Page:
What would Elvis Presley's life have been like had he been born a woman?
Ask Wanda Jackson.
The onetime teen Queen of Rockabilly is in as good a position as anyone on the planet to answer.
"America was just not ready to accept this screaming rock 'n' roll from a girl," says the now 65-year-old singer who has an album coming out Oct. 14. "Heart Trouble" includes a new version of her biggest hit, the rockabilly classic "Let's Have a Party," as well as other songs old and new on which she's joined by guest admirers including Elvis (Costello, that is), Dave Alvin, Rosie Flores, Raul Malo and, improbably, L.A. psychobilly band the Cramps.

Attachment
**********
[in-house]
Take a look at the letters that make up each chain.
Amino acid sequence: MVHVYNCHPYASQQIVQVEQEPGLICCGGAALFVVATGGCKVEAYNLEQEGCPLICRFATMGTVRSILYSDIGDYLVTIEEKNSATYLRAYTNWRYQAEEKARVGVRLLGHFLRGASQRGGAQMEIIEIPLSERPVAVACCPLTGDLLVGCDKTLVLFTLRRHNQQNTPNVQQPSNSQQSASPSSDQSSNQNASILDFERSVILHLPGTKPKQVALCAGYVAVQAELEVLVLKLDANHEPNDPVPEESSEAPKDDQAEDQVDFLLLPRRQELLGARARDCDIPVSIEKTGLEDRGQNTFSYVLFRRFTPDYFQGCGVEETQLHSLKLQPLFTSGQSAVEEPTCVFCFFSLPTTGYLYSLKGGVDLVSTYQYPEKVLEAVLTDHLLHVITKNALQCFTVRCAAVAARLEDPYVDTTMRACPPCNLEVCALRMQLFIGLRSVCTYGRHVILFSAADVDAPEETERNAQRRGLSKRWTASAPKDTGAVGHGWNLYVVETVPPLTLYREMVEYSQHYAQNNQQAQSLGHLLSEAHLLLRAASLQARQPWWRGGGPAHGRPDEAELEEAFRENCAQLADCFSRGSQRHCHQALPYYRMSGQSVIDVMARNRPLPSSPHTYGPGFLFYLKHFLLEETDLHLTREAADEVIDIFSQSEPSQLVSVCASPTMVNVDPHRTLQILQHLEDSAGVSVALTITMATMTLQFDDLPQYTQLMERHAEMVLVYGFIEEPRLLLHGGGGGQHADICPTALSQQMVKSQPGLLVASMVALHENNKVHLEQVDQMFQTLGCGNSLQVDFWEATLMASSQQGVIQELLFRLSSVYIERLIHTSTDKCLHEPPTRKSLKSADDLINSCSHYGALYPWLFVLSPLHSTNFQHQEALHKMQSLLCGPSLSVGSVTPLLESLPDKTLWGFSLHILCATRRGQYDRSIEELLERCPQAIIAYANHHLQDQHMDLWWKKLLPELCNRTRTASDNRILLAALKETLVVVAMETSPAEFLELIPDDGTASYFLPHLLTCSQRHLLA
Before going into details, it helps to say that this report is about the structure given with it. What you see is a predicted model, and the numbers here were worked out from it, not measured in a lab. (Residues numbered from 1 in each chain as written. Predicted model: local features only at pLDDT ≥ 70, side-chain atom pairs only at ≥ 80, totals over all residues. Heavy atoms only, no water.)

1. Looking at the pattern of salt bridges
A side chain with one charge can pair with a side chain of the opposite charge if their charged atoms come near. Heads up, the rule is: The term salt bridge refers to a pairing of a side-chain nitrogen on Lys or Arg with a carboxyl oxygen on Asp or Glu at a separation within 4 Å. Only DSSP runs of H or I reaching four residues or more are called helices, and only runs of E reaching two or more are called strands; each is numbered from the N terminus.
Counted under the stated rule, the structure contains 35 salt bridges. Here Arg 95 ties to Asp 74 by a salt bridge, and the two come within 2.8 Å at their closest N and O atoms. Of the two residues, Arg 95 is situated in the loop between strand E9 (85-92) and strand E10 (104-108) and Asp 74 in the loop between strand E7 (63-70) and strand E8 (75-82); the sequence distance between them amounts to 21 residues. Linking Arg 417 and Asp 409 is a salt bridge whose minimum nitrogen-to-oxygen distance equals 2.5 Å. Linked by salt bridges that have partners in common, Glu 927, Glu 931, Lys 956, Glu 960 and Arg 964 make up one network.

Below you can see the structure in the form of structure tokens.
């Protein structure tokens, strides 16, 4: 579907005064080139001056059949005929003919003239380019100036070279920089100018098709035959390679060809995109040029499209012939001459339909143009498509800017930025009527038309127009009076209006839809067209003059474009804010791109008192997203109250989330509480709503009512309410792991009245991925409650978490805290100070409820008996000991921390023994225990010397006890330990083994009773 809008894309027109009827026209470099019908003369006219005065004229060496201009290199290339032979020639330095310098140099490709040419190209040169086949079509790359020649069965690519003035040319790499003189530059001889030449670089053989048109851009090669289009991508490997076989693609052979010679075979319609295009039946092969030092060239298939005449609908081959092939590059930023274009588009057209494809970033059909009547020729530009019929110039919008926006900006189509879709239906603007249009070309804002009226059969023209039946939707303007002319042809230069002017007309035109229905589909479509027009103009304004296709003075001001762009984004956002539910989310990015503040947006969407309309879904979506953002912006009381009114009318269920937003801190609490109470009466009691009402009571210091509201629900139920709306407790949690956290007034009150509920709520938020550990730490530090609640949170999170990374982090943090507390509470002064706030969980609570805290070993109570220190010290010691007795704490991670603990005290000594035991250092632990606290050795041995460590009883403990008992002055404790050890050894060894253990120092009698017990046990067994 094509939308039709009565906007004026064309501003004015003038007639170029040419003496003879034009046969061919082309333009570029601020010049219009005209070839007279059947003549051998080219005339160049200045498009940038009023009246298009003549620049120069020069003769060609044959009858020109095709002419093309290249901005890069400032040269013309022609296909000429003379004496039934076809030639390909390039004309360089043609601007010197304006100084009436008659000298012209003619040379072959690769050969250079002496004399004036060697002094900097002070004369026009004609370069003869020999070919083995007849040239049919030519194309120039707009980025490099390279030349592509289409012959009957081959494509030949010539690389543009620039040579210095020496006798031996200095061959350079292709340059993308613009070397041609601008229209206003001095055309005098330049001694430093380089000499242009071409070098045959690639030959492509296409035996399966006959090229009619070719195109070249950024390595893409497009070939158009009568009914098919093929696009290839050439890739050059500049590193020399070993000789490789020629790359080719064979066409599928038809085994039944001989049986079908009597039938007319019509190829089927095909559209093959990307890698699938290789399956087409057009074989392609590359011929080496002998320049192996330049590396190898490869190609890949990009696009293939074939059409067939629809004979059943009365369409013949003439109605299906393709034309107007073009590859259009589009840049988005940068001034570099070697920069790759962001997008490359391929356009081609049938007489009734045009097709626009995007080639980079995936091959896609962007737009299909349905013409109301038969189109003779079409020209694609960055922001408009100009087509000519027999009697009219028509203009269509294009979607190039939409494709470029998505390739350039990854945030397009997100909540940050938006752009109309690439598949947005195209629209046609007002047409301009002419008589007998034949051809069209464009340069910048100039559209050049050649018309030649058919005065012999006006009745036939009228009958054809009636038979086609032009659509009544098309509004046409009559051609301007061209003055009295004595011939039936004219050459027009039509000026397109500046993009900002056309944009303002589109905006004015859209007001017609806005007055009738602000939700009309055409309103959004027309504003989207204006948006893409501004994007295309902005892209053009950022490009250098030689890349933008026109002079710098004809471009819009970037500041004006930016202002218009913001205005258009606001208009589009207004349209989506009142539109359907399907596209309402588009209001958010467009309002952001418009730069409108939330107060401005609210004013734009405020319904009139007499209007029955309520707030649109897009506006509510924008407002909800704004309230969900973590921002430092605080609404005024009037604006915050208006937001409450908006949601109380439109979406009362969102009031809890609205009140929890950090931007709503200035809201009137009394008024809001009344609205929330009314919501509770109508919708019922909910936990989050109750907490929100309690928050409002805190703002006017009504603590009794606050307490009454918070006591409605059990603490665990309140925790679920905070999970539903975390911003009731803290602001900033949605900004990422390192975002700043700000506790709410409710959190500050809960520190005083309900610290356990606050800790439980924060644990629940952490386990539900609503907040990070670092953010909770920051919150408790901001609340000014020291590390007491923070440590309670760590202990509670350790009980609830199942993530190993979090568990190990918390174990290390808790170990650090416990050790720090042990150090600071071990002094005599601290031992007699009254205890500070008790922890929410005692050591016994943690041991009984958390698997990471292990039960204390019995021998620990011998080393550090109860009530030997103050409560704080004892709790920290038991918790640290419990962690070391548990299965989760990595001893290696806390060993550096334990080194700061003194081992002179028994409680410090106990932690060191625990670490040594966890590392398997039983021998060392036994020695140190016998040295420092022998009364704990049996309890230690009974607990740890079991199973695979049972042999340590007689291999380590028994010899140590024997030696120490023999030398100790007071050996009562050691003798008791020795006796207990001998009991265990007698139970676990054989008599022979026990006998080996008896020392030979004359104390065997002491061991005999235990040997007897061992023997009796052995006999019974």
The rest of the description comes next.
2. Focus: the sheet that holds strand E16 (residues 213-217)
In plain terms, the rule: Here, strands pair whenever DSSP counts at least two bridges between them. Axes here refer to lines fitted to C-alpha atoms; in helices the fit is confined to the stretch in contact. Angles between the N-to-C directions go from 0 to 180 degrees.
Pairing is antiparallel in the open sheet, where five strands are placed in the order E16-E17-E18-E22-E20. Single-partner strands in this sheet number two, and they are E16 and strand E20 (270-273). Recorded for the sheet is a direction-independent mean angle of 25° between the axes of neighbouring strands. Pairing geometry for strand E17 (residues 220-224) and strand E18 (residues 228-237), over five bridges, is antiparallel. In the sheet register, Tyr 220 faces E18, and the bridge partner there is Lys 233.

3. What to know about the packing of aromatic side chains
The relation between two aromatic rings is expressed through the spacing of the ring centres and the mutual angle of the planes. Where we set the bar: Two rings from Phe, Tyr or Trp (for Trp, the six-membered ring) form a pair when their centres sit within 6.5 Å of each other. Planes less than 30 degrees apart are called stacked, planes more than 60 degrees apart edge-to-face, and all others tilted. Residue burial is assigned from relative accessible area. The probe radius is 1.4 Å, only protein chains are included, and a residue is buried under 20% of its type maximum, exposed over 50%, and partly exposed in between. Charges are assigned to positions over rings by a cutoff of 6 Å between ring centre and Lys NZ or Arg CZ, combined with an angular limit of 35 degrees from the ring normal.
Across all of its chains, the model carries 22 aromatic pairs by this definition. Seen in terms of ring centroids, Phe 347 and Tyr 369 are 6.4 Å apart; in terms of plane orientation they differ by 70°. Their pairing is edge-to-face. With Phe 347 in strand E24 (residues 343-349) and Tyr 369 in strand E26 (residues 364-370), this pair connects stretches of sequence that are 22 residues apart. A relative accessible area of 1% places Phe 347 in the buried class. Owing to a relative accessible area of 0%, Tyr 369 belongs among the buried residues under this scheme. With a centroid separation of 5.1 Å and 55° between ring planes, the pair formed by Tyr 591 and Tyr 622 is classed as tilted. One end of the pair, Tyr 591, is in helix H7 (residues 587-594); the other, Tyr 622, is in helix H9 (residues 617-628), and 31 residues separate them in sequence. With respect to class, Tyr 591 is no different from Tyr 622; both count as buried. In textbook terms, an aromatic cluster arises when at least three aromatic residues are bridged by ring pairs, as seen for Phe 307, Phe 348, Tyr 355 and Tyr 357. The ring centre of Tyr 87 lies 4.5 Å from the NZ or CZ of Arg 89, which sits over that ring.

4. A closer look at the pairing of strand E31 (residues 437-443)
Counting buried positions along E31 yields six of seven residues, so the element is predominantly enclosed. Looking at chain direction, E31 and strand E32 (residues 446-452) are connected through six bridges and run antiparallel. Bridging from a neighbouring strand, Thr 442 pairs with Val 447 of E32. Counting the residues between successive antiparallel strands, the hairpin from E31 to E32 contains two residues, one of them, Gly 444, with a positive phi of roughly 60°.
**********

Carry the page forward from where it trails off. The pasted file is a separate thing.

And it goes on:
"I started out in country and country was my first love," she says from her home in Oklahoma City. "But after Elvis came along, I saw what happened with him, and he encouraged me to try this kind of music. I was 17 and I started trying my hand at it, and I recorded all this rock material. But nothing was happening. I didn't have a hit until 1960 with 'Let's Have a Party' and by that time, I'd gone back to country music."
She also spent a couple of decades singing nothing but gospel music after becoming a Christian in the early '70s. Still, to legions of rock fans, she'll always be "the female Elvis," as she was often promoted early on.